Planning group begins downtown Riverside study

? Community leaders and residents last week began work on a process that will result in a master plan for Riverside's downtown.

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Could Riverside cash in on its historic status? That issue and many others will be on the table throughout the year as the village works its way through a process that will lead to a master plan for the village's downtown business district.

That journey kicked off last week with a meeting of the Transit Oriented Development Steering Committee. It was the first step in a nine-month process that will result in a plan for Riverside's Central Business District (CBD), which will address everything from land use to design to parking and public transportation.

And a critical component of the plan will be suggestions for funding the kind of changes that the plan envisions for the CBD.

One of the ways to provide an ongoing source of revenue might be to market the village as a tourist destination along the lines of Oak Park.

"Chicago is one of the biggest tourism markets in the country," said Richard Wilson, the project manager for the study. Wilson is principal urban planner for URS/TPAP, the company hired by the village as a consultant for the project. The study is being funded in large part by a grant from the RTA, with matching funds coming from the village.

"Why wouldn't people arriving in Chicago ... see an invitation to Riverside? I'll bet there's some strategy somewhere to reach those tourism markets."

Whether encouraging tourism will be the final result of the study is up for debate. But debate is exactly what members of the steering committee are looking for from residents.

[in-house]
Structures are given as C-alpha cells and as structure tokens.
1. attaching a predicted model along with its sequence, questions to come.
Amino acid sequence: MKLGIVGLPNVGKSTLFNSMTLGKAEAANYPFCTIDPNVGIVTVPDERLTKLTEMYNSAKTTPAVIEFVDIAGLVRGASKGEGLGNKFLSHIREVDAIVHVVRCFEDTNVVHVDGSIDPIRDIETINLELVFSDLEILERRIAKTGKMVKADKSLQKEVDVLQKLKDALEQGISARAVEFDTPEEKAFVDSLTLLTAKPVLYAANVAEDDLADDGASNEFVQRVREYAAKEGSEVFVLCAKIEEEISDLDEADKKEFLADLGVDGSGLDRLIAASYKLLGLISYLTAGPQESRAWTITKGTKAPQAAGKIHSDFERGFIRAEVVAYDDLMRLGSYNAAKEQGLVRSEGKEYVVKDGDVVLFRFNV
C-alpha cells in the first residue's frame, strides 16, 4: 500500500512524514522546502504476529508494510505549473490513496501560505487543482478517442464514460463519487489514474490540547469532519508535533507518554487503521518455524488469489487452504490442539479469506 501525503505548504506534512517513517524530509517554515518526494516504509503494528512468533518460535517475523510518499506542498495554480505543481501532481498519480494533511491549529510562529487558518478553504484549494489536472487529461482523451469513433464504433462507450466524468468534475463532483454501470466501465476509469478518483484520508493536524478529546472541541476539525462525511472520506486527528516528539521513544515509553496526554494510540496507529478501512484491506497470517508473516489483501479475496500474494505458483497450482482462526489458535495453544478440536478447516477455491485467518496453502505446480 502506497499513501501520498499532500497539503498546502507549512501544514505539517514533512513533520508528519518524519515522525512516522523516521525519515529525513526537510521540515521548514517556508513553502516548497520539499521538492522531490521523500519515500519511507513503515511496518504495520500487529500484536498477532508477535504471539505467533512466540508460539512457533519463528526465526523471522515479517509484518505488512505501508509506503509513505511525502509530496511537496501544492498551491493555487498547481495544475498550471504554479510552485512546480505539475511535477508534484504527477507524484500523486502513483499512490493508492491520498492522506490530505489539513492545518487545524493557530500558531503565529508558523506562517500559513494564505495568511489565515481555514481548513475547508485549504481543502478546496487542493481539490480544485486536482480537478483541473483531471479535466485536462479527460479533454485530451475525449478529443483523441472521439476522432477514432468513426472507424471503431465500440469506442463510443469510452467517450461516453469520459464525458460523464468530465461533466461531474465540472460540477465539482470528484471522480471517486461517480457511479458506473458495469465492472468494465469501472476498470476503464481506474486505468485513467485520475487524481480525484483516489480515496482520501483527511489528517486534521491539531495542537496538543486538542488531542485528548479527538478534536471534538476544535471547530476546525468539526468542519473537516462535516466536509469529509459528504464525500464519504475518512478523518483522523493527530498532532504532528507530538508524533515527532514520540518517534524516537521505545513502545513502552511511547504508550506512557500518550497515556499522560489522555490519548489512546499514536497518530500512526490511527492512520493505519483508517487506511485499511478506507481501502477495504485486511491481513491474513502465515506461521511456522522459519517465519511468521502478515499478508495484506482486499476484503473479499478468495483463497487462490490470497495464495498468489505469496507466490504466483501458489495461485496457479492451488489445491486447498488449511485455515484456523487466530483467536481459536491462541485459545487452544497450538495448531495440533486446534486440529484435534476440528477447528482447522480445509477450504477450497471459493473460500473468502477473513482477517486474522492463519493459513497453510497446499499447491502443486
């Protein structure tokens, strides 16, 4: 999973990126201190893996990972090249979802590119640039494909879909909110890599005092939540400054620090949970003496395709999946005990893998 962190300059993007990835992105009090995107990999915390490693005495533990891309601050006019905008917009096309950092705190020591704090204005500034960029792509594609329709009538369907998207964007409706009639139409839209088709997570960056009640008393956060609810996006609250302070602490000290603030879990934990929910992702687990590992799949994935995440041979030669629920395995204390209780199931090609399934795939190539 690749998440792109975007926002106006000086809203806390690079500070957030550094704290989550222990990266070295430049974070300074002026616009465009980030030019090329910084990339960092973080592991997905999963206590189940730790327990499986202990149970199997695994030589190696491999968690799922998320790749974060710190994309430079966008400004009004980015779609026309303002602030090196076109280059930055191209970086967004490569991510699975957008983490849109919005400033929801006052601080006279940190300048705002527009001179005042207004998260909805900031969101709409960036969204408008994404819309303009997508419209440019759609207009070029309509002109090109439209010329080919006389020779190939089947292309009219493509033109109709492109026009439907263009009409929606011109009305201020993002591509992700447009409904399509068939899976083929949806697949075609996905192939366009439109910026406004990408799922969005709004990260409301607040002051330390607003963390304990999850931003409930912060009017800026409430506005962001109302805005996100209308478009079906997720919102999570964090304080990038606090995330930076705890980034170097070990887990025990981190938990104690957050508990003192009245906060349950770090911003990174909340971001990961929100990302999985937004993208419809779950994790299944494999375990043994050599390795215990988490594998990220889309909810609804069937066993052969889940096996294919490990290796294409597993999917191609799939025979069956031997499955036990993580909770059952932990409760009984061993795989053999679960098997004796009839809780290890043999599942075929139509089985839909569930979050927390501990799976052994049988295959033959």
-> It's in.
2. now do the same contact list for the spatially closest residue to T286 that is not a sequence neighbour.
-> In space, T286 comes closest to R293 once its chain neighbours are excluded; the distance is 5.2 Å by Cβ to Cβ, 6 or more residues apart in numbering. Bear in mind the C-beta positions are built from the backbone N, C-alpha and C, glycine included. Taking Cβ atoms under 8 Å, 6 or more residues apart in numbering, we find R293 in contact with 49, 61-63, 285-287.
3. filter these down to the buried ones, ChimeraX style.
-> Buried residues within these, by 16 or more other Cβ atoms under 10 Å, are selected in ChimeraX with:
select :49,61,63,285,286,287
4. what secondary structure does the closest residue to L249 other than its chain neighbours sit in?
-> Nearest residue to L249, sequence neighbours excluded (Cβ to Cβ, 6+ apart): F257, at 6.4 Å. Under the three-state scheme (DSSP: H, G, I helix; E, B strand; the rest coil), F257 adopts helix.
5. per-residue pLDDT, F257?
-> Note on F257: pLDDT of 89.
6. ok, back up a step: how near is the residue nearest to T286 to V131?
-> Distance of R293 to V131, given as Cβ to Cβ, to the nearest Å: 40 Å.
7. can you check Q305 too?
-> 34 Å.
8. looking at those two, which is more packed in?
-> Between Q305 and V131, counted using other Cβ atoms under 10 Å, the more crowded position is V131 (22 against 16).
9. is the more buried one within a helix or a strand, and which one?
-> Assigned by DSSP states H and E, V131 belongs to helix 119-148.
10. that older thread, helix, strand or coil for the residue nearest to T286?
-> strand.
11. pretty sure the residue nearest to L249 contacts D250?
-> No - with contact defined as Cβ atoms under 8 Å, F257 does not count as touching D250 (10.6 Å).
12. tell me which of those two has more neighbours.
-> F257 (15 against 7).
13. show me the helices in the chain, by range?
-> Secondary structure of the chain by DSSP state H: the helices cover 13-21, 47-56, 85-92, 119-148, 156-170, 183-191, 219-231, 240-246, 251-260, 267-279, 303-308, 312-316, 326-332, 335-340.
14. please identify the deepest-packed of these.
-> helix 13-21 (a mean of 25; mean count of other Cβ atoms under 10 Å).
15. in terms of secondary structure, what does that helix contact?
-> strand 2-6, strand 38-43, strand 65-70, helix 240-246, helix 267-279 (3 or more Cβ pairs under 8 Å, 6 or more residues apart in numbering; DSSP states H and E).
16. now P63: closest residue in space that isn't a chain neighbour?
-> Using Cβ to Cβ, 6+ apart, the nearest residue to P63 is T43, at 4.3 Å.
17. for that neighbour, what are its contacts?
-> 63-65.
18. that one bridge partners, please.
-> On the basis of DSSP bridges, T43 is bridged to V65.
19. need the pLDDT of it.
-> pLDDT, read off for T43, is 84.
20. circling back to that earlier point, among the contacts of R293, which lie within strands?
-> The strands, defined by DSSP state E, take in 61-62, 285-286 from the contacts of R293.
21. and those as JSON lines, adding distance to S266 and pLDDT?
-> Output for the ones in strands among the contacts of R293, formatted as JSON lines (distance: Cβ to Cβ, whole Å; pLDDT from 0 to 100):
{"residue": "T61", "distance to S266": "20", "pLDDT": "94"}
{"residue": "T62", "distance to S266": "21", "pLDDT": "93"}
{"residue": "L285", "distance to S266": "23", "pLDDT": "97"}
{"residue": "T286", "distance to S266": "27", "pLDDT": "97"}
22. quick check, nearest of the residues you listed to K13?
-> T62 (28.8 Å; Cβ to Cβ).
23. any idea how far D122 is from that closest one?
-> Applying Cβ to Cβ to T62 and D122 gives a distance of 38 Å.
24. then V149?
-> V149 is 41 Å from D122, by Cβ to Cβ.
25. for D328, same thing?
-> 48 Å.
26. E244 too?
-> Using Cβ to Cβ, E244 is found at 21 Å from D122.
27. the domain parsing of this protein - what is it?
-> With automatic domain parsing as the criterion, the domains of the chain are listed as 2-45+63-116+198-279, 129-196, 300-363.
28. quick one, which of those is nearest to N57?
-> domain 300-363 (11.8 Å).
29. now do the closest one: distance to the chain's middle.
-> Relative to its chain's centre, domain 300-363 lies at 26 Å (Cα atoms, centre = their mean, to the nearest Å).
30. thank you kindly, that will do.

"The steering committee will serve as the bridge to the community," said Village Manager Kathleen Rush. "It'll be our springboard for feedback on some of these ideas. One of your roles is to encourage people to attend these meetings, because this has to be shaped by the residents of the community."

With resident input, the group hopes to have a working document ready for village board examination by the end of the year.

"By the end of November, we hope to have a fully realized concept plan, with good direction on financing and implementation," said Wilson.

In addition to Wilson and a team of planners from URS/TPAP, the steering committee includes local representatives from a number of local organizations and Riverside residents. Representing the village administration and board will be Rush and trustees Candice Grace and John Scully. They will be joined by two members of the Plan Commission, William Cooney and David Lesniak; two from the Economic Development Commission, William Kernan and Jack Wilk; and representatives from the village's Landscape and Preservation commissions.

In addition, the steering committee includes former trustee Jerry Buttimer; Art Canavera, owner of Riverside Plumbing, representing the Riverside Township Chamber of Commerce; and residents Thomas Barr, Mark Bennett and Mary Carol Murphy.

The first opportunity residents will get give input will be June 9 at the first public workshop. Although all of the meetings of the steering committee are open to the public, at the public workshop in June consultants will engage residents for specific comments.

"We want to identify clearly what's important to people," Wilson said. "What is the downtown; who should it serve? After that first public workshop, the consulting group will formulate a concept plan for the downtown area. Then in July (tentatively Saturday, July 16) the public will be asked to participate in a design "charette," a three- to four-hour meeting that will lead to a final plan.

"It's the opportunity for everyone to pitch in and be demanding about what they'd like to see," Rush said.

The resulting final plan will be adopted by the village board, said Rush. Although the village board adopted a new zoning code for the CBD in 2003, it's possible that the code could be revisited to make it conform with the transit-oriented development plan.

"We might kick it back to the Plan Commission and fine-tune the zoning code, so there are no conflicts between the two," Rush said. "We might end up tweaking the zoning document to give that plan some teeth."

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